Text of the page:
"I'm here to kick ass and chew gum. And I'm all out of ass."
(Mmm, doesn't sound as tough as the original when I put it like that).

This Saturday I took part in a Battlefield Live special zombie event down in Pembrokeshire. I love interactive stories, especially those created by doing, where you are a true participant; I also savour a bit of fictional horror and darkness, so these kind of events are a perfect fit for me.

There was a lot of excitement as my family group made our way there - a fog descended that was incredibly creepy, along with light rain. We were dressed for the apocalypse though, so the damp didn't matter. It was also getting dark, as we chose the session that began as the last of the daylight faded. Put all this together and you have trepidation even before you arrive!

After a briefing the players split into two teams of eight: we were humans versus humans in a battle for supplies (food, water, ammunition) during a zombie apocalypse. So how did the zombies fit in? They were "walkers" who randomly wandered the paths moaning, then they came after you if they detected you. The paths were just wide enough that you could dodge past them but usually it was better to run another way and hope you didn't sprint head-first into another walker! Some of them moved silently so you got a real shock when you rounded a corner and came face to face with one. The make-up and acting was great, totally convincing, giving you a visceral thrill as you abandoned your goal and just retreated full speed. It is obvious that everyone involved put lots of thought, time and effort into the whole event.

The guns used are infra-red. They have a weighty feel and sounds, so that's all good. No need to buy ammo or wear goggles. The only downside compared to paintball is that in paintball you have a physical fear of being shot - it hurts! - which adds to the tension. Then again, for people who don't want the bruises or the use of paint pellets this is better. It's also good that infra-red guns make things harder for cheaters, since the guns deactivate once you are dead: it gets round any cheaters who pretend their paint splats were "from the last round" and play on.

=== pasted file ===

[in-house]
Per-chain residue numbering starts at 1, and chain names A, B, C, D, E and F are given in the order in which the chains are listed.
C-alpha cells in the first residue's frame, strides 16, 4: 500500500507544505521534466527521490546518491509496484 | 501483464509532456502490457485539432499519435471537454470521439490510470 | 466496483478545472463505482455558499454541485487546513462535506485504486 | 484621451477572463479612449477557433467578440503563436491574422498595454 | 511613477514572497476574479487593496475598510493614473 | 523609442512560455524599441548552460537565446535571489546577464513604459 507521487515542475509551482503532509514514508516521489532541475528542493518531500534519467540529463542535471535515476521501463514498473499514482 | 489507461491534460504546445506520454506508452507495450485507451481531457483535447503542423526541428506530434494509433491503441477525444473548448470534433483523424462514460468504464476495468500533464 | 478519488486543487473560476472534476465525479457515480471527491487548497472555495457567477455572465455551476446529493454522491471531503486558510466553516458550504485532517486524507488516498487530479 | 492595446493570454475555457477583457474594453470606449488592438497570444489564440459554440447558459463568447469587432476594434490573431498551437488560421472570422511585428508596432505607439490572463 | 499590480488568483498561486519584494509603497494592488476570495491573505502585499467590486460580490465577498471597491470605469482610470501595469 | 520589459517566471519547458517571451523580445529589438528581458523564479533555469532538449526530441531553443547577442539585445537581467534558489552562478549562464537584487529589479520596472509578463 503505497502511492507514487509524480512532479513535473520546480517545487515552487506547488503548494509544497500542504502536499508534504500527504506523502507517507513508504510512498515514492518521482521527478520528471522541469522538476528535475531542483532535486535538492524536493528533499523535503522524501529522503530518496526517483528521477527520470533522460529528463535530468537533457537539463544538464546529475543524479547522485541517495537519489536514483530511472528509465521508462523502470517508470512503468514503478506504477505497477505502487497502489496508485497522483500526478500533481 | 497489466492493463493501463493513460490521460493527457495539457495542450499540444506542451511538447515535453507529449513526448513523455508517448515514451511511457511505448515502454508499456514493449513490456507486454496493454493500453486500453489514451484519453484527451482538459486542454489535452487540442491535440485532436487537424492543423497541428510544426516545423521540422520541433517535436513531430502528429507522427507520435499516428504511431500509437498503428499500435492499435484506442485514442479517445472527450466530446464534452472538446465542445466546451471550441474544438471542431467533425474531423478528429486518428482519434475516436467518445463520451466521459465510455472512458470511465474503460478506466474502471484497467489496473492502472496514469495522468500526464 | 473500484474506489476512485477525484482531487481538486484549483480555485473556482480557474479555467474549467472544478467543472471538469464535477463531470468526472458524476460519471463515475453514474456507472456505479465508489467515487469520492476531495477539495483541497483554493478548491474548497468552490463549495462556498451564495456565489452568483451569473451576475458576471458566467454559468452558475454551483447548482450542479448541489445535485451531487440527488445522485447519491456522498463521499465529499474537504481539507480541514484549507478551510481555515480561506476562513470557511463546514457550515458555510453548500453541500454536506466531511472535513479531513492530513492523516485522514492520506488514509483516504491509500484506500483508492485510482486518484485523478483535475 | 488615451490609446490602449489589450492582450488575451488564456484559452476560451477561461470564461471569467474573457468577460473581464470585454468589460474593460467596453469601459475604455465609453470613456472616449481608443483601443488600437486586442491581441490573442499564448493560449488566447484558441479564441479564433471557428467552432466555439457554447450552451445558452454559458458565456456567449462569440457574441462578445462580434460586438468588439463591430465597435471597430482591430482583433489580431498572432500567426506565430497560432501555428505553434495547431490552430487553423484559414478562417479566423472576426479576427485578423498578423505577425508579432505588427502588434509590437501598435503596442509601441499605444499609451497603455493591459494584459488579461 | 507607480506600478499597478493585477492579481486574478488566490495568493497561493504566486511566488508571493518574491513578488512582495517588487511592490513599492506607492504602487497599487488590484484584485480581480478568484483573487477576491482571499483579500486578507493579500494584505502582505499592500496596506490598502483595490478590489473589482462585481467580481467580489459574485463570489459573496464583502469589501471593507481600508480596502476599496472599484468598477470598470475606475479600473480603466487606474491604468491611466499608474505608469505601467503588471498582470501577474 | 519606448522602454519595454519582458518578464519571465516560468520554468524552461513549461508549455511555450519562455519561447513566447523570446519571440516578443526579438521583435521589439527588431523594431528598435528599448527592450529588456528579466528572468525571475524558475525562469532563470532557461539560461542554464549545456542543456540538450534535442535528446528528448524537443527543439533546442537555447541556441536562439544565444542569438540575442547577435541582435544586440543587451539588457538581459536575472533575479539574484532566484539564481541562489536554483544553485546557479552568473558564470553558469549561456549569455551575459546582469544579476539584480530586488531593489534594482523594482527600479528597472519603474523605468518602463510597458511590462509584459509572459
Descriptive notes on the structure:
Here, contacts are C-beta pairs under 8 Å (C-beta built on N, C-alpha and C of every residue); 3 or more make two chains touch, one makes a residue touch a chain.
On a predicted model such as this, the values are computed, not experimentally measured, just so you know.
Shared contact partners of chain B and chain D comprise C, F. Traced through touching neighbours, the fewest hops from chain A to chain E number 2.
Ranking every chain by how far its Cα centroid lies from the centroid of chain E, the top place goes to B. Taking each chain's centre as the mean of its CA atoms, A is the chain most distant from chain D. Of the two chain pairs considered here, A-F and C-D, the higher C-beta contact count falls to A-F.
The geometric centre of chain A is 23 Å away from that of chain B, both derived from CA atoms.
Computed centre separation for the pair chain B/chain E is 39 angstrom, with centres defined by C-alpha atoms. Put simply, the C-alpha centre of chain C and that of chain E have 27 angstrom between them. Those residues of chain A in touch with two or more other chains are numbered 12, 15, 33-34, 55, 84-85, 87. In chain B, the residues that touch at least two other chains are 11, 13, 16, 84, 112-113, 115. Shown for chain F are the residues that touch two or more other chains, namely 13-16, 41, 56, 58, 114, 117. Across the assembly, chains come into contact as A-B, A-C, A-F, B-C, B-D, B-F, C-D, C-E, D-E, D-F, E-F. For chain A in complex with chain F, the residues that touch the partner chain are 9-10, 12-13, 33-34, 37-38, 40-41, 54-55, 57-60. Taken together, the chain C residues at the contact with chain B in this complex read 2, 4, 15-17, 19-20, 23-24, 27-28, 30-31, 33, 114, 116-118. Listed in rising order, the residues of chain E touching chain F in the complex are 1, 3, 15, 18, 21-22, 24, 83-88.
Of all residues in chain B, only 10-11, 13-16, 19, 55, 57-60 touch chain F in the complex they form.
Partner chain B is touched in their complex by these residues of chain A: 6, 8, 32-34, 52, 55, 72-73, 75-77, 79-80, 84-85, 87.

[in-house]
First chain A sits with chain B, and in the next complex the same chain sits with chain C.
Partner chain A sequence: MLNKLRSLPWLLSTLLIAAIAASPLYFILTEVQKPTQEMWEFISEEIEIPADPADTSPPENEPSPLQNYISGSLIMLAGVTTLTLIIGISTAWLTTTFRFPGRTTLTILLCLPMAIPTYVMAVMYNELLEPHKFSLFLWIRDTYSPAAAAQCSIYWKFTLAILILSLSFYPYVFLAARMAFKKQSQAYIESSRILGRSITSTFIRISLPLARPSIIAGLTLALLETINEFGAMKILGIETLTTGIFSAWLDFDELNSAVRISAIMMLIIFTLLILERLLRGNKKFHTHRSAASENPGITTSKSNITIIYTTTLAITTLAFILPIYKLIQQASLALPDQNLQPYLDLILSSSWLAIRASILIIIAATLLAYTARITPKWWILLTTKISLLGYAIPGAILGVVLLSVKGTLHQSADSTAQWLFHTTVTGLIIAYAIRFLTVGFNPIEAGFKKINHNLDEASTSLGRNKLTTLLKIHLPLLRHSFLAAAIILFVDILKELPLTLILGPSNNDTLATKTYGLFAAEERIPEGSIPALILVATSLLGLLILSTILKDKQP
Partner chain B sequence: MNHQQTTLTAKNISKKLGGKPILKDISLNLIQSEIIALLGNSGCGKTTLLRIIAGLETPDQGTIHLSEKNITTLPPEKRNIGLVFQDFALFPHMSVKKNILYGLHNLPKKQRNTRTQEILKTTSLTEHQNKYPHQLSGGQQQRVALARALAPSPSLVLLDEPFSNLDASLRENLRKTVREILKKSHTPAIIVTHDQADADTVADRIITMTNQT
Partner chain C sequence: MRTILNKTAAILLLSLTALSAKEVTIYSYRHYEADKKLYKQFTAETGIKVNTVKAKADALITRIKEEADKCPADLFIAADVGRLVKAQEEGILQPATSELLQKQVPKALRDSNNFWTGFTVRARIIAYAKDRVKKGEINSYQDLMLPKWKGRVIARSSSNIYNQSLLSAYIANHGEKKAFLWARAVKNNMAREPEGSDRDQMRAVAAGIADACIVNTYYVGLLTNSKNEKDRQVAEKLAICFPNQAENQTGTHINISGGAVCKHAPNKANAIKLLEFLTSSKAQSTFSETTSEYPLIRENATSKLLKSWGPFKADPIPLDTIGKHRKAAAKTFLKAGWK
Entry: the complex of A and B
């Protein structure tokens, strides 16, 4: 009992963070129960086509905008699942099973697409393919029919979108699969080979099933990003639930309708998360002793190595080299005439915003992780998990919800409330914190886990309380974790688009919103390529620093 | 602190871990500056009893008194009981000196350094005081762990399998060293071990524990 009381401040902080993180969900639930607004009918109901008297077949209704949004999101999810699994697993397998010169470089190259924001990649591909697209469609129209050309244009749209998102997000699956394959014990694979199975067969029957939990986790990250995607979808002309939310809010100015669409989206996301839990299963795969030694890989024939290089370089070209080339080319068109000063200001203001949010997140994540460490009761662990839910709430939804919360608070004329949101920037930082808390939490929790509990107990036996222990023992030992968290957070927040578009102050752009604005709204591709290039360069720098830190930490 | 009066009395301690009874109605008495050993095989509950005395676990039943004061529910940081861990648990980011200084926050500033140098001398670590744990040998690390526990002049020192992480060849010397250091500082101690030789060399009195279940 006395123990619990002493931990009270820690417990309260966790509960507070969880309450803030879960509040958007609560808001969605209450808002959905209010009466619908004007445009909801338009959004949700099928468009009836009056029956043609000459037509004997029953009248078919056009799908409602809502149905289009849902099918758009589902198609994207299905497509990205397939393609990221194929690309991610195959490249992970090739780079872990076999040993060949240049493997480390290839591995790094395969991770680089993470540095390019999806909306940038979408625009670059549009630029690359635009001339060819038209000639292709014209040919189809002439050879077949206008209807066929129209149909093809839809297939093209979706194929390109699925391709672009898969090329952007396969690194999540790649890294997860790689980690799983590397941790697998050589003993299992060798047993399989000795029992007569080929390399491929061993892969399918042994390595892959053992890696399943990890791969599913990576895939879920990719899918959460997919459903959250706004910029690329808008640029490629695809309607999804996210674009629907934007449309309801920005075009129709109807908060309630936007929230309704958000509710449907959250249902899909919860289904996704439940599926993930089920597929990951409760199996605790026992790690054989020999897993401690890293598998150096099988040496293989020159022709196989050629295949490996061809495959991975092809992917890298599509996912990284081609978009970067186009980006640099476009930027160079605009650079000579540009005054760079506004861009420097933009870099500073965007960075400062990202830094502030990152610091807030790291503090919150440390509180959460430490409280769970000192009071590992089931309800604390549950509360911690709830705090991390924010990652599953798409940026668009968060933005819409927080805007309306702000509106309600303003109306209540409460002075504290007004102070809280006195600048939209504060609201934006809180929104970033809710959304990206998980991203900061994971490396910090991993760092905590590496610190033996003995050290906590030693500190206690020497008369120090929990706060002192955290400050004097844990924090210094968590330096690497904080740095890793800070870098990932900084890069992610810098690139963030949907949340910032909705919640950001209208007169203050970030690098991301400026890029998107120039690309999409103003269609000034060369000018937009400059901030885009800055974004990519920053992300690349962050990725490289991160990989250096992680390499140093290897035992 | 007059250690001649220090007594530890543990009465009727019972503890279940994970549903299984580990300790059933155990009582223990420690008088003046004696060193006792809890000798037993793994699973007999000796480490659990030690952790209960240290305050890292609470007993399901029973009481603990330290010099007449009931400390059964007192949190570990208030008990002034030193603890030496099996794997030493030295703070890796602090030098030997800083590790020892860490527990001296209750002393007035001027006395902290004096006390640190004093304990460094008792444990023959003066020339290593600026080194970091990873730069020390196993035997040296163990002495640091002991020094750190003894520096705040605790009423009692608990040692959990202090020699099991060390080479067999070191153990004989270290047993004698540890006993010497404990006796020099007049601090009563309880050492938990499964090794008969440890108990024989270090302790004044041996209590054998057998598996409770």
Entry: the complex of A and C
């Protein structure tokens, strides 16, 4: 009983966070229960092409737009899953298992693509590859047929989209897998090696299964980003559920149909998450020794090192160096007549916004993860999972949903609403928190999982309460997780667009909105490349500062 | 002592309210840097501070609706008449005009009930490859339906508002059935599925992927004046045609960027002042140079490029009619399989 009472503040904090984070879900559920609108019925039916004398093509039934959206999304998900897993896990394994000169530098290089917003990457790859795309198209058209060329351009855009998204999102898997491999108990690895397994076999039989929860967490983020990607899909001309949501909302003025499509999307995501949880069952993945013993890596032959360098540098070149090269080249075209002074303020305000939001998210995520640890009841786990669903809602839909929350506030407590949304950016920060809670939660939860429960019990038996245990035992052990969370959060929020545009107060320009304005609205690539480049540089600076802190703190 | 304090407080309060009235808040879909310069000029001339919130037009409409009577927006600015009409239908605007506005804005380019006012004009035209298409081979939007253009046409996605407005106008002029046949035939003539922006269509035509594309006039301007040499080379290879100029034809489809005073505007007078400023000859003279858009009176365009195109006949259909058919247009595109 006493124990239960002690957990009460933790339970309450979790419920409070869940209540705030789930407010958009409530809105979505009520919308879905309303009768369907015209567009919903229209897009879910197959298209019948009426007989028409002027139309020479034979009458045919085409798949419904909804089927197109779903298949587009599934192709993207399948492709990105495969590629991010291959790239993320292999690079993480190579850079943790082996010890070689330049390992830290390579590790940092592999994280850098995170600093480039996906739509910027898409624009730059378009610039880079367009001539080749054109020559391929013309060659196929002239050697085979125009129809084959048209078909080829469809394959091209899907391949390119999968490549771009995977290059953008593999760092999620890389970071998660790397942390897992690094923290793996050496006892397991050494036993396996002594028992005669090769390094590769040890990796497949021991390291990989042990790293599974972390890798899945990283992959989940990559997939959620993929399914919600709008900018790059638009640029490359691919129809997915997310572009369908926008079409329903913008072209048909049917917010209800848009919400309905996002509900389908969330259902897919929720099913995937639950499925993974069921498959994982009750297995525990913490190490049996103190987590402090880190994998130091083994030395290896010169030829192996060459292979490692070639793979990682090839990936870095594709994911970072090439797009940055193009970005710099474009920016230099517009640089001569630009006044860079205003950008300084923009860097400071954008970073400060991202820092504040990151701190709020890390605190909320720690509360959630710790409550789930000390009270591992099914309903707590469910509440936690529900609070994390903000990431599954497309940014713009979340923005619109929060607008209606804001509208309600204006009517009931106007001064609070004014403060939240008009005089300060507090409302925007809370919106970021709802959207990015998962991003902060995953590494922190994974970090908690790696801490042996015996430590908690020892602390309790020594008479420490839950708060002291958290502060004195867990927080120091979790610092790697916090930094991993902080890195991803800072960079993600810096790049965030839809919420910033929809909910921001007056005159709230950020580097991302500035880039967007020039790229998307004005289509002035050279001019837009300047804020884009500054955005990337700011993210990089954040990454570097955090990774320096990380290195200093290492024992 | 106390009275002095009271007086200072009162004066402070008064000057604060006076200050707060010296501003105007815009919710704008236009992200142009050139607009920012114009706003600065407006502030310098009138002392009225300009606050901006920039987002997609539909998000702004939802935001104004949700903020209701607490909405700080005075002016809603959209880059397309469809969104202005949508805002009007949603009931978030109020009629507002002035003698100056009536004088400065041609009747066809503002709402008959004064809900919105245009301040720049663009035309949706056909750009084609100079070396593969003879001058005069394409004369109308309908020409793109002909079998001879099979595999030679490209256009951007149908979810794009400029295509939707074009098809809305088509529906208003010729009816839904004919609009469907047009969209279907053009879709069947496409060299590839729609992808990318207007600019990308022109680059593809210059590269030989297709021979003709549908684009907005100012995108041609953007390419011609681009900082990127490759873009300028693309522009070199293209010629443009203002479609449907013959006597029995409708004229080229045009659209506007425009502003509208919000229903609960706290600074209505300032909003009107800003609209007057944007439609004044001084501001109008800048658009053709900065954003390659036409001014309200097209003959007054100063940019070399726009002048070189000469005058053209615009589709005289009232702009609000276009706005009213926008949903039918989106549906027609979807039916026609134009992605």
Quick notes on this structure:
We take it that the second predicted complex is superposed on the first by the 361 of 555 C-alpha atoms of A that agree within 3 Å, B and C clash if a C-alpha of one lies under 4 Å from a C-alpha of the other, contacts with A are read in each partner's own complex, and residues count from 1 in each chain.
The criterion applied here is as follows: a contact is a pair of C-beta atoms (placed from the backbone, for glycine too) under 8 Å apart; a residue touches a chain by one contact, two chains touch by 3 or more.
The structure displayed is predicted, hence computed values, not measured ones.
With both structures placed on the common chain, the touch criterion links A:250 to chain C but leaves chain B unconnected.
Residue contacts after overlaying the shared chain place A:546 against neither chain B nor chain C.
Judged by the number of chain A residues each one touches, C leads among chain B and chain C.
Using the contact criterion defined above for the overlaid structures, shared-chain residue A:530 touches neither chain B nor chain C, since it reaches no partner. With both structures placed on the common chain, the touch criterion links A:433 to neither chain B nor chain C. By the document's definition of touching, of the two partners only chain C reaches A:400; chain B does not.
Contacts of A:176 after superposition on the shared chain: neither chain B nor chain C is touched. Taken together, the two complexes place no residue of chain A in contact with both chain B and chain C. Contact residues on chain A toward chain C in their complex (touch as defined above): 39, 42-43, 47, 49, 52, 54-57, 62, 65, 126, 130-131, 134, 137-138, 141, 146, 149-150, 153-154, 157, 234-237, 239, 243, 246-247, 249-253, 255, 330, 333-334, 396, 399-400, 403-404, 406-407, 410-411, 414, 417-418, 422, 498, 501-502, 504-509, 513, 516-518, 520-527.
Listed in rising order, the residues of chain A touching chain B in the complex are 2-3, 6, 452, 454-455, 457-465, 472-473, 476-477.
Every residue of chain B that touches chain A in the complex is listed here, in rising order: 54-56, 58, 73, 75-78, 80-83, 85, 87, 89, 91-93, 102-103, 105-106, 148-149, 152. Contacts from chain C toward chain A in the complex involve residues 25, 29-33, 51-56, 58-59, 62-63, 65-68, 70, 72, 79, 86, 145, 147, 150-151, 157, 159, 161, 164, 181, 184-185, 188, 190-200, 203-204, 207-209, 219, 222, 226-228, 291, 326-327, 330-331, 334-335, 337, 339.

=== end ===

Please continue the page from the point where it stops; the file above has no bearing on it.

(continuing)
There were loads of features I loved, I'll just mention a few of them:
  • A crazy survivor who wandered around spouting jokes as a wildcard element, scary yet funny, who also helped me gauge distance and location.
  • The zombies – always great to have a willing bunch who will put the effort in, and this event had them in spades!
  • The shelters, lighting, paths etc were really well done: uneven, fun layouts, a good mix of light and shadow.
  • The fog, rain and darkness made everything twice as tense.
  • Respawning required passing though "Hell" unarmed - a darkened maze of rooms with chained and shambling zombies, some of which chase you as you try and find your way out. (I'm a bit rubbish, kept dying, and had to pass through multiple times...)
  • A fun innovation was when sirens went off (think of Silent Hill): extra zombies poured out of Hell and came searching. You had to hide on your own, gun deactivated, and not look at them if they came near, hoping they'd pass on by. Very tense.
  • I liked the organiser's note to respect the woods and environment, and the fact that they use infra-red rather than chemical pellets: all appreciated by a greenie like me.
  • The game ended with a panic run uphill, chased by zombies. I like running uphill, so that was good for me, but when zombies neared us I surprised myself by letting a girl go in front, putting myself between her and danger, an instinctive reaction despite fear at the howls just behind my back. It's nice to surprise yourself sometimes.
There wasn't much time for picture taking. This was my best shot, while crouching in a puddle of mud. The flash was on, it gave me away, and before I knew it a horde of zombies descended on my hidey-hole. Oopsie.

How did we do? We didn't win. I didn't even see whole arena (I never found the food dumps) - appropriately for my surname I spent most of the time by the water supplies, and our team held them the longest. Unfortunately my family proved to be one of the weak points! My mother dropped out near the start because it was too scary; then my sister twisted her ankle slightly near the end and had to drop out (she's fine now, and can't wait to go back). It didn't matter, we all had fun and a real adrenaline burst. I really appreciate all the effort of the organisers and zombies, many thanks! Hopefully there will be some longer events, and I sent the organisers a few ideas (resisting the urge to suggest a Turner evening).

So I recommend them to my friends and readers! If any of you go along let me know, I might even meet you there - you can be on my team and help me win next time!